Credit: Pierre Lewandowski

Last orders for your favourite pint? How EU water laws protect your beer

Revelers at Munich’s world famous Oktoberfest beer festival are being warned their favourite drink could soon look, smell, and taste rather less appealing.

To make good beer you need clean water, but environmental groups have warned that fresh water supplies across Europe – and the future of beer – is at risk because EU water protection laws are being ignored.

100 environmental NGOs and angling groups have launched a ‘Protect Water’ campaign to save the EU’s Water Framework Directive.

The Water Framework Directive protects all sources of Europe’s water, such as rivers, streams, lakes, wetlands and groundwater. It is currently threatened by the European Commission’s drive to reduce regulations.

Some argue that EU rules put too much of a burden on businesses. But brewers say that that their ability to produce good quality beer relies on the protection and sustainable management of Europe’s water sources. Companies including Csupor and Slovakia’s Association of Small Independent Breweries have called for EU water laws to be kept intact and outlined their concerns about the future quality of water in Europe.

Freshwater ecosystems are the most threatened on the planet and the Protect Water campaign hopes its boozy message will draw attention to the fact that 60% of EU waters are not in good shape. The campaign’s backers say EU governments have failed to protect Europe’s waters and are not on track to meet the Water Framework Directive’s goal of healthy ‘good status’ for Europe’s waters by 2027.

In its latest water assessment, the European Environment Agency (EEA) stated that pressures such as pollution from agriculture and industry, over-abstraction, and hydropower have all rendered the majority of Europe’s rivers, lakes and surface water bodies unable to adequately support wildlife and provide vital flood protection.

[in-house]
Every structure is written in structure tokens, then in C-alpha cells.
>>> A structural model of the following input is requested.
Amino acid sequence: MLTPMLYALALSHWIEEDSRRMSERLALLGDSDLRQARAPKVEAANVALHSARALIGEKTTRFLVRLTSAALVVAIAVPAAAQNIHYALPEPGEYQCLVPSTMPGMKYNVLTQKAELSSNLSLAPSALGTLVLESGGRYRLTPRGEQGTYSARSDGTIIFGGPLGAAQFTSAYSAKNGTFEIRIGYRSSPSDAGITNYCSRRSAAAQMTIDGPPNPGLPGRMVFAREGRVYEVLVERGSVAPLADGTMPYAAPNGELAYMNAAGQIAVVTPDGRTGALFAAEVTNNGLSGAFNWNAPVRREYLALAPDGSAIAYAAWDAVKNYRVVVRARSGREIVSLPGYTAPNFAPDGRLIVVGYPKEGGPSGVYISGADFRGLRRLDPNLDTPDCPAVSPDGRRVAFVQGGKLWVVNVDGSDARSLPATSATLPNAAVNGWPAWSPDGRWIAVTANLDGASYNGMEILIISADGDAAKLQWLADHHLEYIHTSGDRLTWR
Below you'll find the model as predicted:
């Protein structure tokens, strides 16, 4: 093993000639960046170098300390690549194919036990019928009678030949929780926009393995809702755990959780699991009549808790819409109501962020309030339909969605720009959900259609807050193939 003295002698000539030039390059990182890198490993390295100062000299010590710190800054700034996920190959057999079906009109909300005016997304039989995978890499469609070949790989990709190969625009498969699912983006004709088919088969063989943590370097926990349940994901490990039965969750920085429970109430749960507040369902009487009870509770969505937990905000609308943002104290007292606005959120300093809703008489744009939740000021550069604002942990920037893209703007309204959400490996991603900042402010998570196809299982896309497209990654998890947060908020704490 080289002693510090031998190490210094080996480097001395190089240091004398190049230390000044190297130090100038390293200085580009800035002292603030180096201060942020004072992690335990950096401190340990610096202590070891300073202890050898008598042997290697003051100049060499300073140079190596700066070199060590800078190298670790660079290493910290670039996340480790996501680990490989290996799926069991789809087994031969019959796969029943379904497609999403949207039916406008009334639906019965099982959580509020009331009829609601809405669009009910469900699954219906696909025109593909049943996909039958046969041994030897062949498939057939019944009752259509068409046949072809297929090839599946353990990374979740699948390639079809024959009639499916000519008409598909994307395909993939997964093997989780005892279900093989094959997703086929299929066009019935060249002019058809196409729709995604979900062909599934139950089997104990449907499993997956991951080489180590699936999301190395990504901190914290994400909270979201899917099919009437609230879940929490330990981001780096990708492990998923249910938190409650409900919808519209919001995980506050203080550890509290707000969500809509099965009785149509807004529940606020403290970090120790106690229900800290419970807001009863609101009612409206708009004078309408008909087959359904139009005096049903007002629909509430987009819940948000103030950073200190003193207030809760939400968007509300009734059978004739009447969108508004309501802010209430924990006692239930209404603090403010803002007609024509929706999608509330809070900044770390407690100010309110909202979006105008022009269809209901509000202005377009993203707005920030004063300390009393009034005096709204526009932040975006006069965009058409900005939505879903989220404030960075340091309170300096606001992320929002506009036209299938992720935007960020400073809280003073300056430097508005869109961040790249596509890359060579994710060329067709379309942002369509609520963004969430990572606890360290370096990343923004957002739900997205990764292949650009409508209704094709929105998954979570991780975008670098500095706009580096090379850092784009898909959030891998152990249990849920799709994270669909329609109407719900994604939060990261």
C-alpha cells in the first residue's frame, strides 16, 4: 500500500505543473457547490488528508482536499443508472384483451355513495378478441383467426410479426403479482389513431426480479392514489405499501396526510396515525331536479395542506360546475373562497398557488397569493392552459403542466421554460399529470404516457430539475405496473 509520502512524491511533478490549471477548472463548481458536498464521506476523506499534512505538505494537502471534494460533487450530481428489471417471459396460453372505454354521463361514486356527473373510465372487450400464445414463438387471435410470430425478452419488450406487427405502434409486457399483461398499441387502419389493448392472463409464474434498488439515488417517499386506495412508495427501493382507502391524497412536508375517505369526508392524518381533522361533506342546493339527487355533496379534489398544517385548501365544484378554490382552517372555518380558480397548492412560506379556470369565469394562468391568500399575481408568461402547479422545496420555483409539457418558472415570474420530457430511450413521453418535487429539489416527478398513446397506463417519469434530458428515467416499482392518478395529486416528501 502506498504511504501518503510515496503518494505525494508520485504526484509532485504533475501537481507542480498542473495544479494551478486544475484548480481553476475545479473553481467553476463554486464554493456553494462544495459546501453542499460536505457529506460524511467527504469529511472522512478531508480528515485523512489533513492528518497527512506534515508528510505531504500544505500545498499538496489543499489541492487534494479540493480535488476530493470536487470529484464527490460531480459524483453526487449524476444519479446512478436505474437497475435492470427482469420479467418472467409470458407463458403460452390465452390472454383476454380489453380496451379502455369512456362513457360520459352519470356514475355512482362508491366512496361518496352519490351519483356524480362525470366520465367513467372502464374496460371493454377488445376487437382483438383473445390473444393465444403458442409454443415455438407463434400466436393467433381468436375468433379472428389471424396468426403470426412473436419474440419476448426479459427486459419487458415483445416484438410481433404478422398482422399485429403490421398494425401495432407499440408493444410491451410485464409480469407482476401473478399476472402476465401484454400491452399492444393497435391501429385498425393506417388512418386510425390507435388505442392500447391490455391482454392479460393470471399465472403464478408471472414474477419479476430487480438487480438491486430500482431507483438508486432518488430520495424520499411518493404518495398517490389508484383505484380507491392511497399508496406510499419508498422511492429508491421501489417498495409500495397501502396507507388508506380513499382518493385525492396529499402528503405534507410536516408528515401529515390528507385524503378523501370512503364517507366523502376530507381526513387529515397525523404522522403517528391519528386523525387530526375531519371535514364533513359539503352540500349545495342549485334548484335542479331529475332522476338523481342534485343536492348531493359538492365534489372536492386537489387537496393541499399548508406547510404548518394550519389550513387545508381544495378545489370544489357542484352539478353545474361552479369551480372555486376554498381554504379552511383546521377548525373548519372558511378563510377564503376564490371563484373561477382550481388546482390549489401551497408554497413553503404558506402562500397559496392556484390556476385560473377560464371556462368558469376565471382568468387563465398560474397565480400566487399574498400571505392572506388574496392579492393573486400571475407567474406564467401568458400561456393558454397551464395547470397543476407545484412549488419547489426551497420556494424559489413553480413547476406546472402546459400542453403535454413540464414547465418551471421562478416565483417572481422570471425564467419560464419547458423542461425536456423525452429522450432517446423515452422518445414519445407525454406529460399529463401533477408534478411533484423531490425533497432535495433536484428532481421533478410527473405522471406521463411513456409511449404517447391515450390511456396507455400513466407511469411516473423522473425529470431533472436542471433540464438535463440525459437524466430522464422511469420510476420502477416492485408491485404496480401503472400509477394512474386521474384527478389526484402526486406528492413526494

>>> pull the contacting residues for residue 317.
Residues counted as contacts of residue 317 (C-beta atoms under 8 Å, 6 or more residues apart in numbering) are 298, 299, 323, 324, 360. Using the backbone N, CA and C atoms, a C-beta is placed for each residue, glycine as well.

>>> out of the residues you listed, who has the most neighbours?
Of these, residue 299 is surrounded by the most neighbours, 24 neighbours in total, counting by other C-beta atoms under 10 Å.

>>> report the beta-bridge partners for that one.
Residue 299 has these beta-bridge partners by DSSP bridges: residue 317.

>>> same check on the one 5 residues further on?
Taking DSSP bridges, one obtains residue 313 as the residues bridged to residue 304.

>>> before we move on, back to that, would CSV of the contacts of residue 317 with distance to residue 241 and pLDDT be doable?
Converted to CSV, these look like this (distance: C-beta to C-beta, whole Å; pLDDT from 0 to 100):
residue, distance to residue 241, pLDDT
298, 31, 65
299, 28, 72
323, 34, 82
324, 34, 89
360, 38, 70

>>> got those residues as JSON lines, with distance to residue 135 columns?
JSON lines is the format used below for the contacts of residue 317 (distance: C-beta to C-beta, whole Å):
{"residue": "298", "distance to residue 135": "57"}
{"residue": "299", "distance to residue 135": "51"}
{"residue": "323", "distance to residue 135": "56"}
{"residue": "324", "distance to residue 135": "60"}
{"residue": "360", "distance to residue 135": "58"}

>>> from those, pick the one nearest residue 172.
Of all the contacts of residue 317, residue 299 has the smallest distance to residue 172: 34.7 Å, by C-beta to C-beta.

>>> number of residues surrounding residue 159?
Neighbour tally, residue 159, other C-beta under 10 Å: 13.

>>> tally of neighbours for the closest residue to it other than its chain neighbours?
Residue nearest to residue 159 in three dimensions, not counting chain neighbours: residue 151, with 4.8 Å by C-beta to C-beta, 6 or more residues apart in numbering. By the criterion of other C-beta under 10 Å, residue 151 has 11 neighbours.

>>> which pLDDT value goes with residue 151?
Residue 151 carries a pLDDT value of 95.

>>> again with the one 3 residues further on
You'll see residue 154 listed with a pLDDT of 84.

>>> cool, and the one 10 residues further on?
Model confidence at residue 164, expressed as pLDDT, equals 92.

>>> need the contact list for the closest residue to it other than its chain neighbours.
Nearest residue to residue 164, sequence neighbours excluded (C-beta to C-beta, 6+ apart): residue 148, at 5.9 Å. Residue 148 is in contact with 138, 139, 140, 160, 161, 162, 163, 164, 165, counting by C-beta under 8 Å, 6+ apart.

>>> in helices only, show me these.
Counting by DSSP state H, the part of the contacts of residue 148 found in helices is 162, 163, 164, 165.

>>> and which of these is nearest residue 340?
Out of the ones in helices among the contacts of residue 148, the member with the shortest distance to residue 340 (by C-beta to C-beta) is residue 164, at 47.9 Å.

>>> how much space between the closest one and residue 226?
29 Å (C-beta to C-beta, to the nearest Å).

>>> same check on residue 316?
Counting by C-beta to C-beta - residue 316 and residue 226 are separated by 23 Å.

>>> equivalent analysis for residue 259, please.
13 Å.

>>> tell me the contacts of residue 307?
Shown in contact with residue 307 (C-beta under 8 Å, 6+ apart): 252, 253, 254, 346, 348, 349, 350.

But examples from across the EU show that where political will exists, the EU’s water law is effective in developing and putting in place actions to bring life back to our rivers, lakes and wetlands.

The Protect Water campaign is led by the Living Rivers Europe coalition made up of WWF, the European Environmental Bureau, European Anglers Alliance, European Rivers Network and Wetlands International.

Sergiy Moroz, Senior Policy Officer for Water and Biodiversity for the European Environmental Bureau (EEB), said:

The EU has world-leading water protection laws that are up to the job of protecting freshwater ecosystems from pressures such as the impact of hydropower and pollution and over-abstraction from agriculture and industry. But, shockingly, the political will from EU governments to use them is lacking. It is unacceptable that instead of trying to improve the health of our rivers and lakes EU governments are discussing how to weaken vital protection for our waters.

The Protect Water campaign is urging members of the public to send a strong message in support of EU water laws through a special ‘e-action’ platform that allows anyone to take part in the Commission’s public consultation on the water laws, which runs as part of the evaluation until 4 March 2019.

Andreas Baumüller, Head of Natural Resources at WWF’s European Policy Office said:

“Member States’ half-hearted implementation of the EU water law is a crime in itself, but their desperate attempts to weaken it – and before the Commission’s fitness check has even concluded – is a step too far. We urge citizens across Europe and beyond to join forces through the #ProtectWater campaign and make their voices heard. We all need clean water, and without the WFD, this will be under serious threat. Act now to defend the EU water law!”

Mark Owen of the European Anglers Alliance said:

“Europe’s rivers and lakes are dying under our eyes and, through the beer imagery, we want to open citizens’ eyes to their unacceptable deterioration and compel them to take action. Only a bad workman blames his tools. There is no doubt that the WFD is the right tool to protect and restore Europe’s waters, and that Member States are the clear culprits: for the best part of two decades, they have relentlessly doged their commitments and avoided effective delivery on the legally binding objectives.”